In March and April I had the amazing opportunity to write blog posts for Intimately – an accessible and inclusive underwear company. Both posts centred around sex with disability – the first about embracing one’s sexuality with a disability, and the second about navigating sex with disability.
This blog post is an extended cut of navigating sex with disability, however this post focuses more on practical tips to make sex as accessible as possible from the perspective and experience of myself; a young queer woman with Ehlers Danlos Syndrome and comorbidities.
As someone with pelvic instability and hip dysplasia I have had experienced subluxations and regional pain in certain positions, and one thing which has been such a benefit has been using a memory foam cushion to help support my joints and help me maintain a certain position. However you can purchase special inflatable cushions or foam position wedges, along with a variety of different sex chairs – but they are pricey and certainly not an essential if you can find a way to improvise with what you have at home.
If you want to explore bondage during sex as someone with heightened skin sensitivity I can understand how metal and rigid leather can be intimidating, but I truly think it’s wise to start with soft restraints so you discover if it’s something for you, and if so it provides you a place to explore from this point if you so choose. Furthermore, soft restraints are widely accessible as many have velcro fastening or are made of stretchy materials – unlike products with metal hardware which often require fine motor motility to open and close. However if a sexual partner is able to support you to get in and out of the restraints then this shouldn’t be something to deter you.
If you wish to incorporate toys into a sexual experience, whether this is going solo or with a partner/s, there are a fair few bluetooth vibrators on the market, and other similar gadgets which can be operated with an app, which can be easier to control than by relying upon small buttons alone. Furthermore some of these brands allow your partner to control the toy from a long-distance, which can be very useful when you haven’t the energy or means to travel to see them. However, I am definitely aware that these products are typically expensive in comparison to a standard toy, and those of us living with chronic illnesses are less likely to be able to afford such products – so this of course isn’t a necessity; but definitely something to consider if you’re willing or able to invest.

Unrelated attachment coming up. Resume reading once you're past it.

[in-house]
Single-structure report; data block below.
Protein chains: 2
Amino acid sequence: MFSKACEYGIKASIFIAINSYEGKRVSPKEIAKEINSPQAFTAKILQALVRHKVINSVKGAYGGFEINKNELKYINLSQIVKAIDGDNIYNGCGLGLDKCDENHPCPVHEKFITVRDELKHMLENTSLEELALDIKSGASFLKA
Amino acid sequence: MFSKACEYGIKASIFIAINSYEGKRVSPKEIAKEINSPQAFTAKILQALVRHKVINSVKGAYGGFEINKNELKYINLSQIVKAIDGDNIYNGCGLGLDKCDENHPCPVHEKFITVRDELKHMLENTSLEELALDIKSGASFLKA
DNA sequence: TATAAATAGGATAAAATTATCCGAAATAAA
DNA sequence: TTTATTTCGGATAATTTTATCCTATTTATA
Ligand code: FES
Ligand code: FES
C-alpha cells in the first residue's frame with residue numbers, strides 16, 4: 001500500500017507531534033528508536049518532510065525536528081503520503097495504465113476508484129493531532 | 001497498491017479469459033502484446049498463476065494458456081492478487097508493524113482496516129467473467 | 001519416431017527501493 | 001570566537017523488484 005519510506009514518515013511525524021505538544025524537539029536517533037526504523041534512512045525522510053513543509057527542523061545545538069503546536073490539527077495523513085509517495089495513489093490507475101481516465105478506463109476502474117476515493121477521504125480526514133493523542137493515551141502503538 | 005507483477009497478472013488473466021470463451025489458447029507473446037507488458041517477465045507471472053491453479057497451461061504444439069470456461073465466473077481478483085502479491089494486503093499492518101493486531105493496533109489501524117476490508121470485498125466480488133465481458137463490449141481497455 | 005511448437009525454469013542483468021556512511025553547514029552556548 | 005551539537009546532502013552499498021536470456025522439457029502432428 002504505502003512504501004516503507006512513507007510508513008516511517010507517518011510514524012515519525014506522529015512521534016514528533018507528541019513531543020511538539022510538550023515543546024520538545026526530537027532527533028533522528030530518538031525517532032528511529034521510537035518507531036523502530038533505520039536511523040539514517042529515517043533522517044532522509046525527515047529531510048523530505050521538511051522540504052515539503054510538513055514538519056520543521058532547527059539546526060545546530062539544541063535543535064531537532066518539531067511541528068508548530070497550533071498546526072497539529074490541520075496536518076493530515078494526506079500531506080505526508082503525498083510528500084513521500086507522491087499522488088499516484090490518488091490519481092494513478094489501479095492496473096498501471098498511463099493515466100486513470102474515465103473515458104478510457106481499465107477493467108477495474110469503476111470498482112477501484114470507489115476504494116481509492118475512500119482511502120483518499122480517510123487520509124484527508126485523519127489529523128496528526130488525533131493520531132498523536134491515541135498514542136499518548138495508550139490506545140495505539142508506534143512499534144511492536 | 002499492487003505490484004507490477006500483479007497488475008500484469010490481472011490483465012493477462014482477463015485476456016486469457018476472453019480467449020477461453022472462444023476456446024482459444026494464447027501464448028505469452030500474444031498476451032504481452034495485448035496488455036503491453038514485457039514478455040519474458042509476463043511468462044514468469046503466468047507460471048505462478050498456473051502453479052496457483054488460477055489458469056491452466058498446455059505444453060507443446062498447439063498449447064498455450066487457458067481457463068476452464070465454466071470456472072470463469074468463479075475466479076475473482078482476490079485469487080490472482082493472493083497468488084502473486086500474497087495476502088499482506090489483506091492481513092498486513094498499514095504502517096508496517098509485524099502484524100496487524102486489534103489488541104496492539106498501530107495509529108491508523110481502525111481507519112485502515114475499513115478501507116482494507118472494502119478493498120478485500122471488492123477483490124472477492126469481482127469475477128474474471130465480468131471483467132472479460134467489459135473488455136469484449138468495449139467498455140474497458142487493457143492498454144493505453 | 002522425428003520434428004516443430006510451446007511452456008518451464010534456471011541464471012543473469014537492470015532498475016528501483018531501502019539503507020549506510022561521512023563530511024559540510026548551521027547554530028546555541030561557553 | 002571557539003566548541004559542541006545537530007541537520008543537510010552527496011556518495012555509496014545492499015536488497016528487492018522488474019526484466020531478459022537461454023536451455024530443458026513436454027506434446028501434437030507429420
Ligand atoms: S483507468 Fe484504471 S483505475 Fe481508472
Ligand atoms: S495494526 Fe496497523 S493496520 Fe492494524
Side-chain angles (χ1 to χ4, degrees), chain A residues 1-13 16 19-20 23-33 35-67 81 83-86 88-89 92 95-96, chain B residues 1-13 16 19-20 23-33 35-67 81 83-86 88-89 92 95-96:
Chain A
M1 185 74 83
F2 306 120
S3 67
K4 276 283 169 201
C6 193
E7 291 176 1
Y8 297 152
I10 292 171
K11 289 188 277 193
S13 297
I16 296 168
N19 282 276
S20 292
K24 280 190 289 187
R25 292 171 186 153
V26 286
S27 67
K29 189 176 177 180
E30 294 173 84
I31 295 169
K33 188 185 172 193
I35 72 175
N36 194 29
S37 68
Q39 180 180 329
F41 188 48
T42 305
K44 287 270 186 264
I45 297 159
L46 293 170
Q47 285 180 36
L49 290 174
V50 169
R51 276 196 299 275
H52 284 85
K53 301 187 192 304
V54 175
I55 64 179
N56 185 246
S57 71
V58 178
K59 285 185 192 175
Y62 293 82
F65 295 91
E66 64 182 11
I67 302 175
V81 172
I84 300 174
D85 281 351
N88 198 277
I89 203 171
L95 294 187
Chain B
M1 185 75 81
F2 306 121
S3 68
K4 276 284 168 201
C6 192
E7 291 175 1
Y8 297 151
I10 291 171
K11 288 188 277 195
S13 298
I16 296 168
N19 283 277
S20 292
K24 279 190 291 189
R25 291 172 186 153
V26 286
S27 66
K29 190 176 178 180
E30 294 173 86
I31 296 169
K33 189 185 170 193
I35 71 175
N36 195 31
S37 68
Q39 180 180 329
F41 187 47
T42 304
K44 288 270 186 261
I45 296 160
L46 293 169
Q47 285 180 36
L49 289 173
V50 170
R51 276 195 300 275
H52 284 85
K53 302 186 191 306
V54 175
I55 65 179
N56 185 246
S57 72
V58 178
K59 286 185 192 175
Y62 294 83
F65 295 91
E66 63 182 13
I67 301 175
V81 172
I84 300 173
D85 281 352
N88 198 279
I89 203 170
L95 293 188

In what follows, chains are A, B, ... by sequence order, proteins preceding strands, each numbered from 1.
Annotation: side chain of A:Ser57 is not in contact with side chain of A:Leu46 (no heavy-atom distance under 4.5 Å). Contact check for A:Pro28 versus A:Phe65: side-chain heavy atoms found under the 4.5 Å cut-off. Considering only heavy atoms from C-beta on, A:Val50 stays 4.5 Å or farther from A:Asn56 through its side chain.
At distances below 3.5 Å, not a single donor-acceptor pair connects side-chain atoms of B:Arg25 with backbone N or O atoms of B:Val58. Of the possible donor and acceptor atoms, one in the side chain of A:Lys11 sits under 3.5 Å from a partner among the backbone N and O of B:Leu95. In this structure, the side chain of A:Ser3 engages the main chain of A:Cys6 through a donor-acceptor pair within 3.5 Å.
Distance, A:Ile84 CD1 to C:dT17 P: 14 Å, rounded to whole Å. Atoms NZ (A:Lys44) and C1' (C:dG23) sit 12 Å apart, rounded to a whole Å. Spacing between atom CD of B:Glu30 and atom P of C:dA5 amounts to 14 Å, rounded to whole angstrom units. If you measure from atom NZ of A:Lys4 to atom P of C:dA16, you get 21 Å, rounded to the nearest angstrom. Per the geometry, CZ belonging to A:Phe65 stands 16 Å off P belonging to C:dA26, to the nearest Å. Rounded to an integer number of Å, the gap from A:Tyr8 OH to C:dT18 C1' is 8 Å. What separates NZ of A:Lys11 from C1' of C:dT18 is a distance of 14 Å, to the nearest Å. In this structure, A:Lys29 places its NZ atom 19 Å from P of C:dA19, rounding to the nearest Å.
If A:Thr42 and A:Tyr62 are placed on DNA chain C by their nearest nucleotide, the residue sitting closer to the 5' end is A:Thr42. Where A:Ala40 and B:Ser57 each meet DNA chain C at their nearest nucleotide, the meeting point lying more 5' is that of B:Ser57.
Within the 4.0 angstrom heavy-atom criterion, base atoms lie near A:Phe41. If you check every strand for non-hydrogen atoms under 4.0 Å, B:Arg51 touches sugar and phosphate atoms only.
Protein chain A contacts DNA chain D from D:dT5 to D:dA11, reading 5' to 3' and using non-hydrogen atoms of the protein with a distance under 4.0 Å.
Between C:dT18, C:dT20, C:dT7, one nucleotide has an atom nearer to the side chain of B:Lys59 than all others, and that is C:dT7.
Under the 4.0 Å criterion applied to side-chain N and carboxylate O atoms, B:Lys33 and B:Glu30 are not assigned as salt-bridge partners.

One topic which I rarely see being brought up is how we can work to accommodate individuals with conditions such as vaginismus or vulvodynia in discussions surrounding accessibility and sex – therefore I certainly don’t want to exclude a population of people in a conversation about inclusive pleasure! External stimulation, such as manual or oral stimulation will be much more comfortable as penetration can be considerably painful for those with the condition. So vibrators for clitoral stimulation are definitely something to consider.
In contrast I like many individuals out there have suffered from a reduction in sensitivity due to long term use of anti-depressants (but of course the benefits vastly outweigh the down sides); and as a result this has affected sexual satisfaction. Although I did discover stimulating lubricants last year and after using a few which did nothing for me, I invested in the Durex climax gel (not sponsored but Durex if you’re creepin’ hit me up), and this makes a noticeable difference to my sensitivity – and I would certainly recommend that those experiencing this issue explore different types of stimulating lubricant.